Why You See Rainbows Through Car Windows
Why Polarized Lenses Create Crazy Patterns in Car Windows
You don't need to be crazy if you notice your car windows suddenly covered in a variety of colors. It can't be attributed to bad window tinting. It doesn't necessarily mean your lenses are bad.
It's just a matter of physics that you are experiencing.
Tempered glass is used on many rear and side car windows. It allows the glass to shatter but not cause sharp edges. The glass is first heated to temper it, then quickly cooled to room temperatures. The glass's surface cools faster than its center and contracts, creating compressive stresses. However, the center of glass expands due to temperature and produces tensile stress.
Stressed birefringence is what you see when you look out of your car's window. Birefringence is when optically clear materials are stressed. This basically means that it changes the polarization.
You may see a strain pattern in the rearview mirrors. This is due to the tempering process.
The glass is partially polarizing light along a horizontal axis, so you can see the lines and dots. Because your polarized lenses are vertically oriented, the light is blocked. This is why dark lines or dots appear.
It is basically like having two different polarized filter that are perpendicular to each other. The one traps light moving vertically and the other traps light traveling horizontally.
This pattern can be seen without the use of polarized lenses. There are many factors that can cause light's polarization. If light is already polarized and it meets the window, it's effectively passing through a second filter. Because polarized lenses can polarize light, the dots will appear more clearly. Only a small portion of light is polarized by the car's window.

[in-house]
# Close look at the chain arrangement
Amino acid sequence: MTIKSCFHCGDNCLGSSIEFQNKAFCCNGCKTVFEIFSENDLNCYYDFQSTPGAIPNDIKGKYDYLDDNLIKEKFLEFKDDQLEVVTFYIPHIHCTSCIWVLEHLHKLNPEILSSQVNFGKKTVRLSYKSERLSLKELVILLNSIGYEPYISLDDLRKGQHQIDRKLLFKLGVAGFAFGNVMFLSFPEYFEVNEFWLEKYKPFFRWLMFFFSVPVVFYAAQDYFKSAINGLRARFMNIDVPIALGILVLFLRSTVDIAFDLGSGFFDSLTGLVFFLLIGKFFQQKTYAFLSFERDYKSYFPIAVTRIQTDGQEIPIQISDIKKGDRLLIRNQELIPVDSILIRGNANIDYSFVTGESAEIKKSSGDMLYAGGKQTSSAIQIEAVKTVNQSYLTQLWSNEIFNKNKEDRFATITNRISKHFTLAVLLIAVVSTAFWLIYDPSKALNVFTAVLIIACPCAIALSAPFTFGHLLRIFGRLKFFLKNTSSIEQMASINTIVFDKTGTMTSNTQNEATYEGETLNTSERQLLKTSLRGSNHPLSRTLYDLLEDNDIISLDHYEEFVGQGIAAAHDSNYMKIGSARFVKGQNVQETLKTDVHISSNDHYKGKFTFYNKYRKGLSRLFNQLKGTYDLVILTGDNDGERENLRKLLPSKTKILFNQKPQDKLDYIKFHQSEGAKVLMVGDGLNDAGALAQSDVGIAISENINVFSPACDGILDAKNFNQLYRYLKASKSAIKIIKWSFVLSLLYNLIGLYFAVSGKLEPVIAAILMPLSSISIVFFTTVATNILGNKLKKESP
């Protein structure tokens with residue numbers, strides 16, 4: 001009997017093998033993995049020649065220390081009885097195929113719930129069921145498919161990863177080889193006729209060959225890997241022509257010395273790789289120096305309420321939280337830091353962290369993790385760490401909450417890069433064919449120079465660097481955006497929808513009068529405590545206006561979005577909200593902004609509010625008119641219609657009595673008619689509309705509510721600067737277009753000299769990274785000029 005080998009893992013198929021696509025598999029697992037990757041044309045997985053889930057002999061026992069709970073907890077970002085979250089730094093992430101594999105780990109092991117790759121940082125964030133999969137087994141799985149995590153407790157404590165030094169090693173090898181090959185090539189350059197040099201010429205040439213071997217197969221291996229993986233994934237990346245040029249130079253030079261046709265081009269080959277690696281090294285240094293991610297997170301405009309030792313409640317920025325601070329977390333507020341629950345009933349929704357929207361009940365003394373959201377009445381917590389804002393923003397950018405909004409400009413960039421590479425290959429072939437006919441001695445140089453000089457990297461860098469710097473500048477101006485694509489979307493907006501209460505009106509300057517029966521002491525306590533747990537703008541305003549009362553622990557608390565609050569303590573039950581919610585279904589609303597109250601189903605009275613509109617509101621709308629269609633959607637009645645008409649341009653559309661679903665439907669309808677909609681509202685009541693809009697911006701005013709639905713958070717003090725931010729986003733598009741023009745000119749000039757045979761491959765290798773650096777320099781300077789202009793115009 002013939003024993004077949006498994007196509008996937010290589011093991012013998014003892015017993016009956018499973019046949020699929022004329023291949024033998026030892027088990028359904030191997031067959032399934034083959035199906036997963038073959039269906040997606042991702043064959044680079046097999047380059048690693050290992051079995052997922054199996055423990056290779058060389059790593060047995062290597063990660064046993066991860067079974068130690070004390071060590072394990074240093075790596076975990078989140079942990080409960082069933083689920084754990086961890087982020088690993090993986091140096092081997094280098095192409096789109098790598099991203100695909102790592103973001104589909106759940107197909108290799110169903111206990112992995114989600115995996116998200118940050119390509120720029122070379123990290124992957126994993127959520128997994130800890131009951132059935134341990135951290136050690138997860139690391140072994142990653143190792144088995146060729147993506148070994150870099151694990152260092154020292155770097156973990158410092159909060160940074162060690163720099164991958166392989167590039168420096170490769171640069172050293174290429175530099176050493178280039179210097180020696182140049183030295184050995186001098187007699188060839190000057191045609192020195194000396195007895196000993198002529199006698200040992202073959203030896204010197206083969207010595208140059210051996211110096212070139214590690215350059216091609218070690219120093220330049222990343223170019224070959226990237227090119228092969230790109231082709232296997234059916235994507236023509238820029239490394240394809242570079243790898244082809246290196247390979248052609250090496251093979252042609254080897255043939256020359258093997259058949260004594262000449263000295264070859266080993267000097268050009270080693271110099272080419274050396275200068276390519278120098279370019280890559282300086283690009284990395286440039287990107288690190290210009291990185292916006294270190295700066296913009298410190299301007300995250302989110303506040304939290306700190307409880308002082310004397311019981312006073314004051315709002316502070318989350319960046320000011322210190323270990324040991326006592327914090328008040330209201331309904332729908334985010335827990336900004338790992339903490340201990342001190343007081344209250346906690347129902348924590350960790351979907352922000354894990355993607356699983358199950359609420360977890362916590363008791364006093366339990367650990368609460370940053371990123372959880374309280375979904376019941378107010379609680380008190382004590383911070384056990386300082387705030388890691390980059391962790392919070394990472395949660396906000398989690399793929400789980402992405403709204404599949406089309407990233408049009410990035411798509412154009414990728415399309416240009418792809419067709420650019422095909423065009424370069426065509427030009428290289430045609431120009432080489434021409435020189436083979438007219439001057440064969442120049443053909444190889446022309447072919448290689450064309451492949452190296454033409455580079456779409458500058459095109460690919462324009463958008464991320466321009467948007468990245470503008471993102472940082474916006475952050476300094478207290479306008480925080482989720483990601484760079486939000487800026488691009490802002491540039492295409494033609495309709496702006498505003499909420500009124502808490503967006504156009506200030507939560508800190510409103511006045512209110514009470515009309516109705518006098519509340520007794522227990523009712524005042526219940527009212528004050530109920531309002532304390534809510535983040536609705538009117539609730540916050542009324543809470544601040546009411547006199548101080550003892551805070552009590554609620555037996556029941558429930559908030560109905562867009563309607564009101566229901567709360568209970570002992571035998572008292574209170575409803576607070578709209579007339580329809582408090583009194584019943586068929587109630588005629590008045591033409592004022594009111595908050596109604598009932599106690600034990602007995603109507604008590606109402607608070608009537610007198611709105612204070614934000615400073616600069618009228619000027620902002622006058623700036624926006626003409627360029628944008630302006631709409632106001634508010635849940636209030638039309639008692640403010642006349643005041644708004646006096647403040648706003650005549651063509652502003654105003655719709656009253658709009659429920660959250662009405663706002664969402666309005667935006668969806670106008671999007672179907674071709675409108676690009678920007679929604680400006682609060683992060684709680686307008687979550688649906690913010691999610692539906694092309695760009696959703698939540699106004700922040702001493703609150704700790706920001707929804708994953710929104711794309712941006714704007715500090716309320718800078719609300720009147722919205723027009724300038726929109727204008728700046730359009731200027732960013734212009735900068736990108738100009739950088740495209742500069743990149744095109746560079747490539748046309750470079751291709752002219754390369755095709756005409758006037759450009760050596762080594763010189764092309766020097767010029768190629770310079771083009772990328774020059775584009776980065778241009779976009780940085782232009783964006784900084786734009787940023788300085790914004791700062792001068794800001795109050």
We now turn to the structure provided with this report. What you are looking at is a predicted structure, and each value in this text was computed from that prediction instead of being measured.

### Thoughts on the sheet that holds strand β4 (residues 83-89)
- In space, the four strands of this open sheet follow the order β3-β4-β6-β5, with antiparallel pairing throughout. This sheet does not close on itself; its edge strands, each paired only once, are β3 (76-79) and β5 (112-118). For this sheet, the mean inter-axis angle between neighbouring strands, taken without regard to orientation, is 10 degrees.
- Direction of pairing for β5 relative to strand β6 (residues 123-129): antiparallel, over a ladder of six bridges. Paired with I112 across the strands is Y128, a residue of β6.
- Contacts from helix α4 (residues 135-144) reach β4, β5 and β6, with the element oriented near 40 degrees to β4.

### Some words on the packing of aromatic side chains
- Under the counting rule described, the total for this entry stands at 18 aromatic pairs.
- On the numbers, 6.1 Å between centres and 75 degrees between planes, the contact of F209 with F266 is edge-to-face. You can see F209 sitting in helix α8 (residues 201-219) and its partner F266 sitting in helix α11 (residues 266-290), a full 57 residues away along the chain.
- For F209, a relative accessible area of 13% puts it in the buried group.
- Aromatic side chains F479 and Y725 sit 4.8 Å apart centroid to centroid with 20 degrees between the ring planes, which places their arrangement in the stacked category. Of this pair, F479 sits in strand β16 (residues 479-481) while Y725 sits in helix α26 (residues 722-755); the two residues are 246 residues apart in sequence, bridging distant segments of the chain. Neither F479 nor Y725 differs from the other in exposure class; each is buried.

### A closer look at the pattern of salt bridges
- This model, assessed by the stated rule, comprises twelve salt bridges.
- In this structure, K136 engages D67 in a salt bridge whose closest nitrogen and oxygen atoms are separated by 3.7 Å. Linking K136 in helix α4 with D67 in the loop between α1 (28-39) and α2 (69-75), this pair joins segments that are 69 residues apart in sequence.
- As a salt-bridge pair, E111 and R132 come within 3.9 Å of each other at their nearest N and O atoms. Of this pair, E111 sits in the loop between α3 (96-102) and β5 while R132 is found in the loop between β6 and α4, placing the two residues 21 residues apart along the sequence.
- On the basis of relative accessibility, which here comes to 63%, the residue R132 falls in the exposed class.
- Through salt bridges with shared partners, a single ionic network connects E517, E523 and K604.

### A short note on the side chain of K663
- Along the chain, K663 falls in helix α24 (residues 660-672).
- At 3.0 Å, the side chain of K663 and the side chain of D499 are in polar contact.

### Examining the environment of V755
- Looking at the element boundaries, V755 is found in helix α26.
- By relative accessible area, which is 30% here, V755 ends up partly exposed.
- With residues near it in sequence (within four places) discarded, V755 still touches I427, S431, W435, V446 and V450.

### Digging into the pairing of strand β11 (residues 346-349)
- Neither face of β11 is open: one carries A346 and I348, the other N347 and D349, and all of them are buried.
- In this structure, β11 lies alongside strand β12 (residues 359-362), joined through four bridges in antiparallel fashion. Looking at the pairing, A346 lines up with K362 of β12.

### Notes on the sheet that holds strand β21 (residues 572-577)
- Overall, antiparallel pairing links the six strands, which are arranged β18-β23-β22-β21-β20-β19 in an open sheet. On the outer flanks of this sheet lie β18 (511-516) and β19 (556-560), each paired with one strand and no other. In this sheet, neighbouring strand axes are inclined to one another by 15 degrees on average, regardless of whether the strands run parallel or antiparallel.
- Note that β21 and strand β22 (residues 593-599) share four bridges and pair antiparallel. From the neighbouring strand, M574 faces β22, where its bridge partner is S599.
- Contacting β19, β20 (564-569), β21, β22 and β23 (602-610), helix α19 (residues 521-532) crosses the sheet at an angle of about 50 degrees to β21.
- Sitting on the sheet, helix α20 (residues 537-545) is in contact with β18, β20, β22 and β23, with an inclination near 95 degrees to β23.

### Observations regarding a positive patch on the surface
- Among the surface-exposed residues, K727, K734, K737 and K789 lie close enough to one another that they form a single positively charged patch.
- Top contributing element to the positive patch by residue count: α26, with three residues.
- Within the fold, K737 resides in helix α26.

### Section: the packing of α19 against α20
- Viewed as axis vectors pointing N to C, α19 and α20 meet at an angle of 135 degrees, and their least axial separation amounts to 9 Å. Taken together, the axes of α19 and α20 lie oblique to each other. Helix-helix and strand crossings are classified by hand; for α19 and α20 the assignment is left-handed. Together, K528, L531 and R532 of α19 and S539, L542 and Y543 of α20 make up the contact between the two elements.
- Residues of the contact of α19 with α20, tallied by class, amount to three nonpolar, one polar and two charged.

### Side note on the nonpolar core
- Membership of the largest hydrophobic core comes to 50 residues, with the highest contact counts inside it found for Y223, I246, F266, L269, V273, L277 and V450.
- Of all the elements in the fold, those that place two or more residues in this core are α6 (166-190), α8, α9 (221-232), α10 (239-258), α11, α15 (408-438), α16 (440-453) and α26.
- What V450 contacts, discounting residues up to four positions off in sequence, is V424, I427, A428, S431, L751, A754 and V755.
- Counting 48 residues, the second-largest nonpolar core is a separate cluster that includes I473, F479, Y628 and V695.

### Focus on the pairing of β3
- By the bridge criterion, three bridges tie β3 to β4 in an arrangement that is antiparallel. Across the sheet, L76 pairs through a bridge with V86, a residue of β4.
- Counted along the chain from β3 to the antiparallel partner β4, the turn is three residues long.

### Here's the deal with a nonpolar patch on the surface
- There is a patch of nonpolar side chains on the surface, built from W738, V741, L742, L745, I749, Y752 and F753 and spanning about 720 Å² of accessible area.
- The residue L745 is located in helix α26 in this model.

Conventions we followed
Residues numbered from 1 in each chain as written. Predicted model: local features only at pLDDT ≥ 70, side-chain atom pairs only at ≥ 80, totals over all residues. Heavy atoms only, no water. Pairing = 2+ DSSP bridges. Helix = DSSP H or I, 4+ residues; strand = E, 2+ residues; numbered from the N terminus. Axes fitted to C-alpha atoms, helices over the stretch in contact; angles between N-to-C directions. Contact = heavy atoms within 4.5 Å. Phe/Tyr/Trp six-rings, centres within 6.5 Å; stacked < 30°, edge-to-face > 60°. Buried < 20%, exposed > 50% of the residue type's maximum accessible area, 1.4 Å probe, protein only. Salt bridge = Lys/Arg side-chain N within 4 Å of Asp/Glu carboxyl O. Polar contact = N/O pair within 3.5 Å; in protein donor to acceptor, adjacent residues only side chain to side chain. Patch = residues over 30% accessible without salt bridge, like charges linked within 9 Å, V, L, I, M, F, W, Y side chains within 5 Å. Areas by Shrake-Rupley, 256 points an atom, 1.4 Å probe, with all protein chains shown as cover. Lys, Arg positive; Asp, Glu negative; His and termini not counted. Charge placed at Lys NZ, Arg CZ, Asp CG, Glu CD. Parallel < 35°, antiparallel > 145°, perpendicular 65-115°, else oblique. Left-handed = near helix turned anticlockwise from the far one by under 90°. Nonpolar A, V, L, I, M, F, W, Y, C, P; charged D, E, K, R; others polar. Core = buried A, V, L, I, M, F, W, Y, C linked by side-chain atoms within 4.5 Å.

Because manufacturers use different tempering methods, the pattern may not be consistent on all cars. Some vehicles may have a pattern that looks like diamonds while others might have dots or squares. It all depends on what heating pattern was used during tempering.
The rainbows seen in car windows is also a result of stressed birefringence.
The rear and side windows allow incident light to pass through. Tempering causes polarization to be rotated by the stresses. The wavelengths determine how much rotation is required, which results in different colors. You can see the stress in the car windows caused by tempering.
This phenomenon is similar to a prism, or a raindrop, which causes light to bend or refract and thus shows the various colors of light. Because your sunglasses block certain wavelengths of light, you can only see the rainbows through the car windows.
Stressed birefringence can also be observed in plastic cups and utensils. You can see the same rainbow pattern in a cup of plastic if you wear polarized lenses. Photoelasticity is a method used by structural engineers and scientists to determine the material's stress distribution.
The reason the rainbow effect in windows with tinted windows is stronger is because the window tinting film is often made of polyester, which is a type of plastic. The stresses within the plastic film can cause rainbow patterns in tinted car windows in the same way as you can see in a spoon or cup.
You won't find any patterns or rainbows in windshields because windshields are made from laminated safety glass and not tempered.